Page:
Historical · LGBT · Romance

The Song of Achilles by Madeline Miller

If you’re like me and never cry with books, I will tell you now there’s a first time for everything.

Set in the Age of Heroes, The Song of Achilles re-tells the story of one of the most famous names of the time, Achilles, told in the eyes of Patroclus, Achilles’ best friend and lover. As a young prince, Patroclus is exiled to the court of King Peleus, where he trains and studies with prince Achilles. Despite being completely different, their friendship grows through the years until it develops into something deeper. The kidnapping of Helen of Sparta sets in motion a series of events that test the lovers in ways they never expect and will change their lives forever.

I must begin by saying I felt a lot, too much and intensely the story of Achilles and Patroclus. If you read or know the outlines of Homer’s Iliad, you will remember that the story doesn’t have a happy ending. Even so, Madeline Miller, while staying true to Homer’s work and the known Greek myths, created a masterpiece that traces perfectly the evolution of a young friendship into a soul-binding romance. She gives depth to the characters, creating the perfect and solid backstory of Patroclus and creating a more human image of the demi-god Achilles.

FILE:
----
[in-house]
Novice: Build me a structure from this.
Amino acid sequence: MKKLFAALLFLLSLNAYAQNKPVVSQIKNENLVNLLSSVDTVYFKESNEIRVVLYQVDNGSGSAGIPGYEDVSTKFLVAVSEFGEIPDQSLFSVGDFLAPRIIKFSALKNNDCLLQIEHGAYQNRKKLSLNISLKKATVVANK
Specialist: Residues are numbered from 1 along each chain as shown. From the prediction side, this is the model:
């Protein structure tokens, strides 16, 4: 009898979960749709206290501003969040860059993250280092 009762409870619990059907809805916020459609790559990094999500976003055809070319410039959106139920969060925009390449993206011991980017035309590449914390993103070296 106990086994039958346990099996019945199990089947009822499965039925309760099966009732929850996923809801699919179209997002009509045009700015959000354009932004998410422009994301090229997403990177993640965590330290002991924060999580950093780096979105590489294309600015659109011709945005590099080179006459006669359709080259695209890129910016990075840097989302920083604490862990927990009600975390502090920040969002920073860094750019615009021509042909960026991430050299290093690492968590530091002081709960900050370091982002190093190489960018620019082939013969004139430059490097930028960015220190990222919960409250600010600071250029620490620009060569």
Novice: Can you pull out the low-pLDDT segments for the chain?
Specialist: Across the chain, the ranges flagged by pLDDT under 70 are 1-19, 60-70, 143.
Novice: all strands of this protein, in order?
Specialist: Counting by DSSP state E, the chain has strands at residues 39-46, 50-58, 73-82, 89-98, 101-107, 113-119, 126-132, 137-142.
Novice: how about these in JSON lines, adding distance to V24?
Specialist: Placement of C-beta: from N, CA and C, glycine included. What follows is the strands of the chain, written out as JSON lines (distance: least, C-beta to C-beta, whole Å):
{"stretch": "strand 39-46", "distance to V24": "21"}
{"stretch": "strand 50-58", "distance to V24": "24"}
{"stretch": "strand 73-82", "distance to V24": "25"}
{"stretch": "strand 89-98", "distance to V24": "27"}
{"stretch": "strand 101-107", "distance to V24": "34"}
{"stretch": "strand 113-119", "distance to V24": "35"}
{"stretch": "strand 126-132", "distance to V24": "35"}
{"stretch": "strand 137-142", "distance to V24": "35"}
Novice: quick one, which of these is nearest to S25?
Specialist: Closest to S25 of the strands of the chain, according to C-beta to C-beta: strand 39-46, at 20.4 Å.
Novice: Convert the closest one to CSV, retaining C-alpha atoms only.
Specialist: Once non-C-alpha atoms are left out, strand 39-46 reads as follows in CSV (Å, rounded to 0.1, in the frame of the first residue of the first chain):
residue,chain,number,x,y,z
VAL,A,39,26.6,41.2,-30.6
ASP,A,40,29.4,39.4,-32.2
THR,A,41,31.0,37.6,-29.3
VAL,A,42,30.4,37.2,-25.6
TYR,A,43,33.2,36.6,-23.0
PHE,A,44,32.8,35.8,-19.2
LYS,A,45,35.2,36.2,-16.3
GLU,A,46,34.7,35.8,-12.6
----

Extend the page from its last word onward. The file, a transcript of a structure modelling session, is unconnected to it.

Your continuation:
The style of writing is lyrical and Homer would be proud to read it. Miller writes elegantly yet simply. You flow through the story from beginning to end without missing a single detail. As you read, you have the feeling you hear a harp and a soft voice narrating the novel. The descriptions give colour and detail to Ancient Greece from its palaces to its wars. Miller doesn’t forget the historical details either. They’re perfectly mixed with the fictional story; the typical traits and societal behaviours during the Trajan War period they strengthen it the story and make it more real.

The characters, as I mentioned before, are close to perfection. Achilles, the hero known for his brutal nature and arrogance, is presented in a completely different way. Yes, he’s a spoiled brat, in the beginning, not forgetting his royal heritage and situation, but he grows up to be a man divided between his heart and his duty. Yes, he’s ruthless and hot-headed, but at the time, he’s gentle and it’s clear in his actions that he truly cares. Patroclus is the complete opposite of Achilles. He’s far from being a war machine like it was fully expected at the time, to be someone that cares deeply about others and manages to put others before himself. He thinks with the heart and together with his innocence, he manages to catch the attention of Achilles from the very beginning. On the other hand, his need to end the suffering of the people and to protect them becomes his downfall. His relationship with the demi-god is perfectly developed and the way they grow together both physically and emotionally grows on you from the beginning to the end.

A masterful work of art that will stay in my heart for a long time. This novel book sheds a new light on the famous story of Achilles, and the many layers of the story will surprise you and mark you. I can’t recommend this novel highly enough.

5 Stars

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